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Developer Grady Pridgen buys Oldsmar Flea Market for $11.35 million

OLDSMAR — Developer Grady Pridgen has bought the Oldsmar Flea Market for $11.35 million and says he has plans to turn it into a "world-class gathering space" for the Tampa Bay area.

"It's right in the center of 3 million people, 75,000 drive by it every day and it has 300,000 square feet of space and 2,000 parking spaces that are under-utilized," Pridgen said Monday. "We're going to have dining experiences, activities, events, concerts — just make it fun."

To that end, Pridgen said he has enlisted the team that revamped Disney Springs, the shopping, dining and entertainment complex of Disney World.

"They did a fantastic job of creating a sense of place,'' he said, "and while we won't be able to transform (Oldsmar) into Disney Springs, we will use the skills they did in making it a world-class flea market and gathering space."

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Pridgen bought the market, a favorite weekend haunt of bargain hunters and collectibles fans, from Richard Ferkich Inc. Ferkich, who died two years ago, moved from Chicago to Oldsmar in 1964 and operated carnival concessions for Royal American Shows, the largest traveling carnival in North America. During the 1960s and 70s, he acquired numerous properties around Oldsmar and opened the flea market on Racetrack Road in 1980.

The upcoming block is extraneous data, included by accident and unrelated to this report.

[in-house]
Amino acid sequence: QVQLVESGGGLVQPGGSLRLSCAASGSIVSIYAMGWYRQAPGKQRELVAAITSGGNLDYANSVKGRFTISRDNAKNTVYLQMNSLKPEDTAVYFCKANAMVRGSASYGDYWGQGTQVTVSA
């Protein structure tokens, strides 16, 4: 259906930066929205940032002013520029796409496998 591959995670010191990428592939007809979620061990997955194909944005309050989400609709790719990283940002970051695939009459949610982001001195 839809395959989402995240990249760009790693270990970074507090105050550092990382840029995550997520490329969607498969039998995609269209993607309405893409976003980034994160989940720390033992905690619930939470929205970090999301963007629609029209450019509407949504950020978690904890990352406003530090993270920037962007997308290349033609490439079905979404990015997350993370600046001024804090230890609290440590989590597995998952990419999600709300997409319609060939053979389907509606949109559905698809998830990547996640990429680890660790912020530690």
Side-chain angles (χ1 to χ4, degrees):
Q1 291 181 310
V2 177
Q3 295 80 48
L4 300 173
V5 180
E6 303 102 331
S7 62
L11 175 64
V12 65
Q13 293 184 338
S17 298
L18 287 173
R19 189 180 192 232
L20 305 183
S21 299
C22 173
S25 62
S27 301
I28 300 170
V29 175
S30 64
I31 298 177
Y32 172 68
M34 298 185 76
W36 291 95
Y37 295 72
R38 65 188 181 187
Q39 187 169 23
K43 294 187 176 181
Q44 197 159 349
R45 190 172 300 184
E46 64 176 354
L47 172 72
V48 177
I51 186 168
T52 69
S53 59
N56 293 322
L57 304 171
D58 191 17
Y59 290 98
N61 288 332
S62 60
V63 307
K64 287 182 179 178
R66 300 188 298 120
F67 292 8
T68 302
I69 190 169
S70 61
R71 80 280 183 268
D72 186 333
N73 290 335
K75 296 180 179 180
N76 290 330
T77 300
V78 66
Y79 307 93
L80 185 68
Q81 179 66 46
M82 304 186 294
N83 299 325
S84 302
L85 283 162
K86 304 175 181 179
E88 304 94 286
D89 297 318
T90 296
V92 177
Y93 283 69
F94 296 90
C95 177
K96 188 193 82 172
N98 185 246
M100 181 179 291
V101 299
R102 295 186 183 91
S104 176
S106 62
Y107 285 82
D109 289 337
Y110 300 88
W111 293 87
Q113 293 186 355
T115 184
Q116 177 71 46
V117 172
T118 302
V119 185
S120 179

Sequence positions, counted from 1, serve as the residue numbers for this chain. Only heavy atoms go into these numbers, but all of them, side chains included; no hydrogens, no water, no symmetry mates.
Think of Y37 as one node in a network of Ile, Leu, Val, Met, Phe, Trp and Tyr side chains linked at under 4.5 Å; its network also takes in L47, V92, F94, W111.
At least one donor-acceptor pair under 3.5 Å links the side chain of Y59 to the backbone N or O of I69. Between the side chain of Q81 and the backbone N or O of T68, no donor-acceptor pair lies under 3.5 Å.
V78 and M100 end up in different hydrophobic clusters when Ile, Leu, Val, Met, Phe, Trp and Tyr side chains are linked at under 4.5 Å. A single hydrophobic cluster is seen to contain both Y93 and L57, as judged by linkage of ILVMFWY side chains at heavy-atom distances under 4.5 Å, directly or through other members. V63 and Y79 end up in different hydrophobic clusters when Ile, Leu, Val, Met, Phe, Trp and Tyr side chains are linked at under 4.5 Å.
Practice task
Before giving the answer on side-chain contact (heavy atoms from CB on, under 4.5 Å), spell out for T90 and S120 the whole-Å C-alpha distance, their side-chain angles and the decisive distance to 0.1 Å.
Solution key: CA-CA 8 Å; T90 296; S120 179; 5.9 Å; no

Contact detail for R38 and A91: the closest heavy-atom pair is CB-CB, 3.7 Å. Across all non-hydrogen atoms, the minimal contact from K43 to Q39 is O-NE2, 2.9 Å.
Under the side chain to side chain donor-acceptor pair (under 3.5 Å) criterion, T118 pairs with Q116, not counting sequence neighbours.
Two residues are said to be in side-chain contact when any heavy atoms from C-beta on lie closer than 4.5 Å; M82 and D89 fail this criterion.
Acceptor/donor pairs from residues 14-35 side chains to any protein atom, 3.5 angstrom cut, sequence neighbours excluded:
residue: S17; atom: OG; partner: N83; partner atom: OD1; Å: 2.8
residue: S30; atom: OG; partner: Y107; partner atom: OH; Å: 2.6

Today, the 20-acre market is among the largest on Florida's west coast and has become even more popular since the 49er Flea Market in Pinellas Park closed a year ago to make way for a Harley-Davidson dealership. Pridgen said there are currently 300 vendors, some of whom have a single booth while others have blossomed into full-scale businesses covering 20,000 square feet.

"My mother collected antiques and I've had my teenage children bring their friends and give me a bucket (full) of ideas," Pridgen said. "They want me to add an arcade."

Pridgen said he also plans to actively promote the flea market, which has relied on "mainly word-of-mouth advertising for the last 38 years."

One of Tampa Bay's best-known developers during the last real estate boom, Pridgen took a hit after the 2008 financial crash but has bounced back. In St. Petersburg this year, he paid $10 million for a mobile home park on Fourth Street N that he is seeking to rezone for residential use, and he has applied for permits to convert the shuttered Ed White Hospital on Ninth Avenue N into an upscale assisting living and memory care facility.

Pridgen also is planning townhome projects in St. Petersburg and Tampa's Westchase area.

Contact Susan Taylor Martin at smartin@tampabay.com or (727) 893-8642. Follow @susanksate

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